cash management, employee payroll deposits and commercial cards,
and these products do not come up against cyclical contract
negotiations. Given these strengths, should a bank decide to target
the wellness reward space, a number of strategic approaches are
available.

However, Celent notes that alliances with wellness/reward
vendors to sell prepaid cards provide no clear bridge to a bank’s
deposit base – prepaid reward cards are transactional in nature and
are thus quickly spent down. Although a bank may gain some
interchange revenue from prepaid card spend, this could largely be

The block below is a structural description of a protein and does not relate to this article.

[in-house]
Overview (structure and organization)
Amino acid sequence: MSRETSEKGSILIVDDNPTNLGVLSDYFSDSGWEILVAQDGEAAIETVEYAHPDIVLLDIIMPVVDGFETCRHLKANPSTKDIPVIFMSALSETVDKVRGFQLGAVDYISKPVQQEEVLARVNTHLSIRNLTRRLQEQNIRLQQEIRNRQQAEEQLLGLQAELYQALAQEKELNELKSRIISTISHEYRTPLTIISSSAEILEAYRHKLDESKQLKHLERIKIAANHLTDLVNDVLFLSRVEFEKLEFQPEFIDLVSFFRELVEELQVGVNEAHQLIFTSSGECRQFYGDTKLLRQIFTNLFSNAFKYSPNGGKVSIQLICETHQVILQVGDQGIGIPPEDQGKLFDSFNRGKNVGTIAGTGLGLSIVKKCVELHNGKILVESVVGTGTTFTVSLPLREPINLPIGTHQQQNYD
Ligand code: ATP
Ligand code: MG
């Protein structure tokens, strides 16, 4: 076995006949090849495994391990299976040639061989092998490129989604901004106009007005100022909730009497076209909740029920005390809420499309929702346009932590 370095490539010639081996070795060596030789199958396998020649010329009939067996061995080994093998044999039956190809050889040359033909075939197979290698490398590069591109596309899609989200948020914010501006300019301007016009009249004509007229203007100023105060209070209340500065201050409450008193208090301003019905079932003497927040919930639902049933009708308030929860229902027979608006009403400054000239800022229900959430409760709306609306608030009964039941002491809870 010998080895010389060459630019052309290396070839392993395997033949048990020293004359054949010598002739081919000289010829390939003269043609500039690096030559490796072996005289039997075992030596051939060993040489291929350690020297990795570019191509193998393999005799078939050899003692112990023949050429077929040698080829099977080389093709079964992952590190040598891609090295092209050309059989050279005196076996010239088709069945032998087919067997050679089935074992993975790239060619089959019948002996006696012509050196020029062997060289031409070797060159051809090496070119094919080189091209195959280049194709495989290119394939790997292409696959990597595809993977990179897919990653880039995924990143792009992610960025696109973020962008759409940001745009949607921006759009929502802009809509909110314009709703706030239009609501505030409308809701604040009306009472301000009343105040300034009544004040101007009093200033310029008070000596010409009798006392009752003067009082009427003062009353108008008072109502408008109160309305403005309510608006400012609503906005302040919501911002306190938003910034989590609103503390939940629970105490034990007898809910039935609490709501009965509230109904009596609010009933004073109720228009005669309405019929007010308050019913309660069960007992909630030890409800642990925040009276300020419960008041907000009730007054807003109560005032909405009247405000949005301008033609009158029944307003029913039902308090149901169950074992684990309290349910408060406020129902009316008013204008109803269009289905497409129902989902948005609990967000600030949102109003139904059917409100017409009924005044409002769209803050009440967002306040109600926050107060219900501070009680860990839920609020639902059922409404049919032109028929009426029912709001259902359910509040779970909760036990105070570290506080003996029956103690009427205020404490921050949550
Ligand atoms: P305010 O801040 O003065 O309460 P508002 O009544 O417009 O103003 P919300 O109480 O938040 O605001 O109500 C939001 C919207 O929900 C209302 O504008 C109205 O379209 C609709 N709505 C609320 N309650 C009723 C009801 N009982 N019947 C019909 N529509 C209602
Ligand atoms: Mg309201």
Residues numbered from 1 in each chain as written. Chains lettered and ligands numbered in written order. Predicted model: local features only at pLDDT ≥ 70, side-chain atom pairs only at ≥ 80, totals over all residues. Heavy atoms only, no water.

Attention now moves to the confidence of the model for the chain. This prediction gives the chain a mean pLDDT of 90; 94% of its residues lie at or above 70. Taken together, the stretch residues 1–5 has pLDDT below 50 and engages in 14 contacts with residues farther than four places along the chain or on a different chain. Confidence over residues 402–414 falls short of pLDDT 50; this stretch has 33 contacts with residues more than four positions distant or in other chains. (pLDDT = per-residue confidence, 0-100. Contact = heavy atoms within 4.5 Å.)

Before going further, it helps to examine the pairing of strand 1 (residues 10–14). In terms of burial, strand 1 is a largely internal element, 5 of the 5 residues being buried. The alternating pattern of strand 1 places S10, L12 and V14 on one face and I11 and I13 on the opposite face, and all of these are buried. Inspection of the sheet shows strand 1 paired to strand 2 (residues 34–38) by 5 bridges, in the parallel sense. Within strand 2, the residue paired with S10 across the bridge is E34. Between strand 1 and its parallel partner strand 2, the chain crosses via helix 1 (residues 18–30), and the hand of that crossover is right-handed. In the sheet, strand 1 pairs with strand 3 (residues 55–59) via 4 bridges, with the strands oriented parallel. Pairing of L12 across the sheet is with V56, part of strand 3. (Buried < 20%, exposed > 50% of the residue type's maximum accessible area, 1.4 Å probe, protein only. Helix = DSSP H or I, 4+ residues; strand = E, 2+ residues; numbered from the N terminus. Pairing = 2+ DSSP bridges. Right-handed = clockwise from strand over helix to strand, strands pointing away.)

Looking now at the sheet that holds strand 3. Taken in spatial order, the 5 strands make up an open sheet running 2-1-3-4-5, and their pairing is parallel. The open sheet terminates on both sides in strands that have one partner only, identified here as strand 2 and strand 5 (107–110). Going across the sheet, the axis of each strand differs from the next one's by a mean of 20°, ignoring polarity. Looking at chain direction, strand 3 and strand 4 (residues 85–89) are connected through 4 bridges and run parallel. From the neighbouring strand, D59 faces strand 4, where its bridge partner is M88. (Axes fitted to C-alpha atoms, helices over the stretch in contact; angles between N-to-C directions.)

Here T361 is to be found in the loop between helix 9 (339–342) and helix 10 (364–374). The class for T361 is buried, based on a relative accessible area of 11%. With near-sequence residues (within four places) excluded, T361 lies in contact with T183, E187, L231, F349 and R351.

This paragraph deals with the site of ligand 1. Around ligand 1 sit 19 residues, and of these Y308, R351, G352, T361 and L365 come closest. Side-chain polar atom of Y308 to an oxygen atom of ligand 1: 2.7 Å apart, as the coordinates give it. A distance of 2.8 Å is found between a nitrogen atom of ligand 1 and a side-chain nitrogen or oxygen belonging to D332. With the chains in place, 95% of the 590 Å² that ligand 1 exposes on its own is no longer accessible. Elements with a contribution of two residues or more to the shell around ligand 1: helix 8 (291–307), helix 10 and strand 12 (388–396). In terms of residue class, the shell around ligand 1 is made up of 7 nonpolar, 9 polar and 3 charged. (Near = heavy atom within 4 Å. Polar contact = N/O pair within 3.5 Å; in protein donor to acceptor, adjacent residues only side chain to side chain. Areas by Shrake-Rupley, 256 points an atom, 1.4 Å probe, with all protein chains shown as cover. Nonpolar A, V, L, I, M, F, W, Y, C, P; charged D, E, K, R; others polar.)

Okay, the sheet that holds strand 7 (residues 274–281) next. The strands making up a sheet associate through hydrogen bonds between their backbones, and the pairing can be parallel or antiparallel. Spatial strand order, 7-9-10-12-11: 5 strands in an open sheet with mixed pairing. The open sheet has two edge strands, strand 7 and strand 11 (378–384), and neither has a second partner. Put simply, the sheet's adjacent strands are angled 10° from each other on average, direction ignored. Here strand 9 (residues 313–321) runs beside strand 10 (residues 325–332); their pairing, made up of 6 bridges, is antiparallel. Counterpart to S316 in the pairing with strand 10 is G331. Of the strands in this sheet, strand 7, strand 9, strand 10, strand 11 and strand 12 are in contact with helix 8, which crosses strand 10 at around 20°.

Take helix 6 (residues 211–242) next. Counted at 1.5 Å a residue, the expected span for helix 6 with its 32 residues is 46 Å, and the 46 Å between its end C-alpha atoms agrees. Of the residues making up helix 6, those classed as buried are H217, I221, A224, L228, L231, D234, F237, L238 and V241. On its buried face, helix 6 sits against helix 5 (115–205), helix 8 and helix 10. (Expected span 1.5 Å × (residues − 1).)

offset by card processing and customer service costs. The question
then becomes, what can a bank do to create a bridge for reward
funds to be added to deposit bases? According to Celent, the only
way to really do this is via the passive method already supported
by banks today – accepting reward contributions for their
customers’ HSAs.

But banks may also be able to leverage their HSA relationships
to offer a ‘quasi’ prepaid card. This would be done by using
multi-‘purse’ card technology to provide an unrestricted use purse
alongside an HSA purse. Funds deposited into this unrestricted use
purse would be available for any kind of spend (not just for
qualified medical expenses), but without the need of a separate
plastic. This would eliminate the costs associated with issuing a
stand-alone prepaid card. Card processors such as First Data,
Metavante and TSYS have the ability to support such card purse